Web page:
A psychotherapist says the Government needs to stop focusing so much on physical health over mental health.
While the threat of the Omicron variant, and the potential unknown around the new strain, looms.
Stella told Newstalk Breakfast everyone knows who Chief Medical Officer Tony Holohan is - but wonders where is his mental health equivalent.
"I'm very concerned about the nation's mental health: I really think that we're focusing on physical health over mental health for - now - 21 months.
"I see the impact of it... every single day I'm getting e-mails - every single day - where they will say 'Since COVID hit, since the pandemic, since the restrictions, everything got worse, everything got harder, it tipped me over the edge.
"And when somebody's mental health hits, they think it's their own private tragedy - they don't realise this is happening on a societal level.
"They honestly think it's their own mental failing on some level".
'Who's focusing on mental health?'
Asked what needs to change, Ms O'Malley says people need to stop taking the burden.
"The Government needs to start focusing on the fact that you can't keep on putting weight on people - mental pressure on people - and expect not to crash on some level.
"Obviously we all know that [CMO] Tony Holohan is a household name, and well done to him - his job is to focus on physical health.
"Why do I not know who's focusing on mental health? Where's the household name equivalent for COVID and mental health?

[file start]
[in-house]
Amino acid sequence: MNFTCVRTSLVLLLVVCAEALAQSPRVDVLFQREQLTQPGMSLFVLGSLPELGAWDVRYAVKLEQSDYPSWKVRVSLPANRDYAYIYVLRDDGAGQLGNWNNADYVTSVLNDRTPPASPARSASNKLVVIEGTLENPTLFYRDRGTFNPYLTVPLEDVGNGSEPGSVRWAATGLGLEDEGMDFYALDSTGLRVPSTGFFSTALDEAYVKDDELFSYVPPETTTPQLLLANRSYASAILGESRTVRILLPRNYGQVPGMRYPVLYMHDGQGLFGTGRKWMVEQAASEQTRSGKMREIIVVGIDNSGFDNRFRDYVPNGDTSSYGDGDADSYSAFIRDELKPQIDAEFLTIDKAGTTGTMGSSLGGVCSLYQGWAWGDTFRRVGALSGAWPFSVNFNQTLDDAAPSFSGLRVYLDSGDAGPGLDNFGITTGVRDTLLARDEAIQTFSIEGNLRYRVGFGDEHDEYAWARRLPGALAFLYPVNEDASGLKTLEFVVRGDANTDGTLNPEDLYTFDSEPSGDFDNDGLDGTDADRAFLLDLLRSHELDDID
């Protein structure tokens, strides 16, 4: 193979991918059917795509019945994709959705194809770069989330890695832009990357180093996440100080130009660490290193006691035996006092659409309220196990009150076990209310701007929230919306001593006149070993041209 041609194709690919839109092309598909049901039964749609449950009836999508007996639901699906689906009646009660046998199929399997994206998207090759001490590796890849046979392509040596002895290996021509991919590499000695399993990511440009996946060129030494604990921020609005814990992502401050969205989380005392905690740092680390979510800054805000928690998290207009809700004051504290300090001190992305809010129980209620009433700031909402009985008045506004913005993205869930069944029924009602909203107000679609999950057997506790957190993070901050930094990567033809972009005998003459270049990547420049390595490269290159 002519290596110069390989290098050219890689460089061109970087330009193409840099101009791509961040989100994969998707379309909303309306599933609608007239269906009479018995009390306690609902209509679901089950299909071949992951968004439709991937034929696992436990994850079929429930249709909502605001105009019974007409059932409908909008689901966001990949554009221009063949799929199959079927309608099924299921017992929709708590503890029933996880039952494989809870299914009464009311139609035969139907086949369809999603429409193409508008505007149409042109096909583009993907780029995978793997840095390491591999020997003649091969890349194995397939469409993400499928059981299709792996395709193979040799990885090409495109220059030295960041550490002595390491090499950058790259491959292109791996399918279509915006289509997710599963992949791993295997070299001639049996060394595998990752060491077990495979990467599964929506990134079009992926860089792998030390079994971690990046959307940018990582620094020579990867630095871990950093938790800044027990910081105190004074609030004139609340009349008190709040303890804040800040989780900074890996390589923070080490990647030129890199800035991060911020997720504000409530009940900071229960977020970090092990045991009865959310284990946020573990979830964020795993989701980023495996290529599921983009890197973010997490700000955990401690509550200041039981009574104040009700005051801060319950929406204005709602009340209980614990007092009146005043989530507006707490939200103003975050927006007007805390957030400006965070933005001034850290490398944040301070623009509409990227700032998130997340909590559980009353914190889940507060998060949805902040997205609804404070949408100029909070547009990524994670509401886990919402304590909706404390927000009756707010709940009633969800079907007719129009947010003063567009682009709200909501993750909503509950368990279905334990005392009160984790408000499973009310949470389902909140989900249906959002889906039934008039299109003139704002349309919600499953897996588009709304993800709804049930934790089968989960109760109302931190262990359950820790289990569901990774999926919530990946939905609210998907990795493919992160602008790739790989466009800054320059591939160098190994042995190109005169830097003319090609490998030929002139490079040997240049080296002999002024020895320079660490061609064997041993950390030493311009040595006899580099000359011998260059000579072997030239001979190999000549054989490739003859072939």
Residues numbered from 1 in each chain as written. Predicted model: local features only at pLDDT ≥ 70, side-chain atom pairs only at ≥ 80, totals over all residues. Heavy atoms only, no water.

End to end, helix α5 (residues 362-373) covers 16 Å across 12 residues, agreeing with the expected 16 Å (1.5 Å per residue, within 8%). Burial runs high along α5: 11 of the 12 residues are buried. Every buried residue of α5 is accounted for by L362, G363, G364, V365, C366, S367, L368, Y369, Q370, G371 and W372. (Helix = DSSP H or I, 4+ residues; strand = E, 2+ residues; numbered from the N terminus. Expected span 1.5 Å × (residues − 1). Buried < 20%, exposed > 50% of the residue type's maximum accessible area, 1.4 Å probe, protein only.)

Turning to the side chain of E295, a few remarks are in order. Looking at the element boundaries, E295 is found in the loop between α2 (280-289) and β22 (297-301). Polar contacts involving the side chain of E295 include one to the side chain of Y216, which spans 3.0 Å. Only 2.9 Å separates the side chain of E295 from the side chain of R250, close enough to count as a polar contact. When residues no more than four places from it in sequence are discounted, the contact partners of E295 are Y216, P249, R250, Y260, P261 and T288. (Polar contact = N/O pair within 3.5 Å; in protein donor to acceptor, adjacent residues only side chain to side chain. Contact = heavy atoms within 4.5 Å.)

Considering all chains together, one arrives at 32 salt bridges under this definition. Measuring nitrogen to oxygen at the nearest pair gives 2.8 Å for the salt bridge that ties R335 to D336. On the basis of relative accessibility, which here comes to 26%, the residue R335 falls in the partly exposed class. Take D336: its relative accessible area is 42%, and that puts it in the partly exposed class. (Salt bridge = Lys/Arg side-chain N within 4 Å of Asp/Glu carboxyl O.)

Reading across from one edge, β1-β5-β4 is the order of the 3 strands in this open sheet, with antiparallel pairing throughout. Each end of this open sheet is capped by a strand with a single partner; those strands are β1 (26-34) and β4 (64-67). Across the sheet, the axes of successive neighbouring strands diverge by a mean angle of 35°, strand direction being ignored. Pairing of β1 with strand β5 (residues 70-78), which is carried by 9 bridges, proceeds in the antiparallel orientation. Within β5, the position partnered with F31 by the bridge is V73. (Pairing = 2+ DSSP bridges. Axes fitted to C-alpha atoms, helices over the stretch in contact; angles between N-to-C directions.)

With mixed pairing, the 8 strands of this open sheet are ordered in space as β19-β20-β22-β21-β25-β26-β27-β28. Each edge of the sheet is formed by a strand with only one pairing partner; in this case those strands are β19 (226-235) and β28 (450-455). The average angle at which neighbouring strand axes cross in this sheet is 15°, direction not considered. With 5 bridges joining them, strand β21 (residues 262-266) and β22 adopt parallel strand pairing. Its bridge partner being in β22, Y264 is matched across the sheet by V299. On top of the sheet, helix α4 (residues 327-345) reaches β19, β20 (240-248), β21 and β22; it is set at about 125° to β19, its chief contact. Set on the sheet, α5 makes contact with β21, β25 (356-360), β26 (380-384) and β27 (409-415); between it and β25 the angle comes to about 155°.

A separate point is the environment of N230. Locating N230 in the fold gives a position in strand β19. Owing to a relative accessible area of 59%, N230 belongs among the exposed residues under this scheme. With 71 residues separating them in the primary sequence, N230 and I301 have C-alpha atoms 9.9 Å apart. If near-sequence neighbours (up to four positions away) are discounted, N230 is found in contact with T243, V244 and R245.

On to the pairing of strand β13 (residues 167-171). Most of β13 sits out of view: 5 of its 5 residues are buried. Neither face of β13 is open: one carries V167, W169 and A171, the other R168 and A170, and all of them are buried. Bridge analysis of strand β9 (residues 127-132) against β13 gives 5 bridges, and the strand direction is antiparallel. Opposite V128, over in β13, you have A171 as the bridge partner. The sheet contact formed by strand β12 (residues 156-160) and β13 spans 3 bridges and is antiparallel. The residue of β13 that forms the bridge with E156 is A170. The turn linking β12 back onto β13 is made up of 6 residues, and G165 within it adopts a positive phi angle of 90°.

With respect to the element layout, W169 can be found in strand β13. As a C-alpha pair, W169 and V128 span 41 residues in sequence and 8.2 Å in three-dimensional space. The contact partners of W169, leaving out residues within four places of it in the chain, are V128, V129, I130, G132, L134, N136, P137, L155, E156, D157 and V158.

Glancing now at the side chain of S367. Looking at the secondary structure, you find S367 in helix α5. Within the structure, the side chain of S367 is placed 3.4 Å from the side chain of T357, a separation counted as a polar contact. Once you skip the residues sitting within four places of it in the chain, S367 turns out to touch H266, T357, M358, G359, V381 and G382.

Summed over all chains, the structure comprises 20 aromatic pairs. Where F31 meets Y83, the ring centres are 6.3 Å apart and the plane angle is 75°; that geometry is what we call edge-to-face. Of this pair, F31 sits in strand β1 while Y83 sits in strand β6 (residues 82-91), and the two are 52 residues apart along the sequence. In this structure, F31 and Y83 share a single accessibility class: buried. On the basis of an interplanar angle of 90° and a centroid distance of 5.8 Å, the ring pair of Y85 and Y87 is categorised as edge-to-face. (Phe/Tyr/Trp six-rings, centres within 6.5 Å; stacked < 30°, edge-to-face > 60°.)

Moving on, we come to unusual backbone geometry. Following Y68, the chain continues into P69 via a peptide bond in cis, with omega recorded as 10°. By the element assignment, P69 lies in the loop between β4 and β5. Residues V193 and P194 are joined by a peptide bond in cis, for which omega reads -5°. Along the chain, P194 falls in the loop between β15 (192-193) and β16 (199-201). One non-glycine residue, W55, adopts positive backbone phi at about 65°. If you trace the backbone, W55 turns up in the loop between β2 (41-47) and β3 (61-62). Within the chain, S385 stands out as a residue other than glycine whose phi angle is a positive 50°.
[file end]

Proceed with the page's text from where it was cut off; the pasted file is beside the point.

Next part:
"I'm not seeing them every night, telling us what we should be doing and how we need to look after our well-being".
And she dismissed a suggestion that mental health is harder to measure than COVID case numbers.
"You certainly see mental health issues when you talk about domestic violence, and when you hear about the issues around depression and the numbers around anti-anxiety medication.
"There are ways to measure it, and the suggestion is that the data is suggesting that actually we're not doing very well at all.
"And it's starting to impact on the long-term now".
Children having 'existential crisis'
She says the call for an outdoor summer earlier this year was "crushed in on very quickly."
"We were told 'Stop this summer outdoors, no more drinking outside' and things like that.
"These are people who are in their 20s... they've lost their Leaving Cert, they've lost their first year in college.
"They're still in their mother's house trying to have a college experience - they do need to socialise".
But she says younger children are likely suffering the most in relation to COVID-19 fears.
"When one of their parents gets it, they go into an existential crisis that we don't - because they've been told about the killer virus, they've been told to wash their hands and to do everything right.
"And then if one of their parents gets COVID, their brain goes haywire because they've been told the most important thing is you don't get it.
"And when the two parents get it, it tips them over the edge - we have taught them that."
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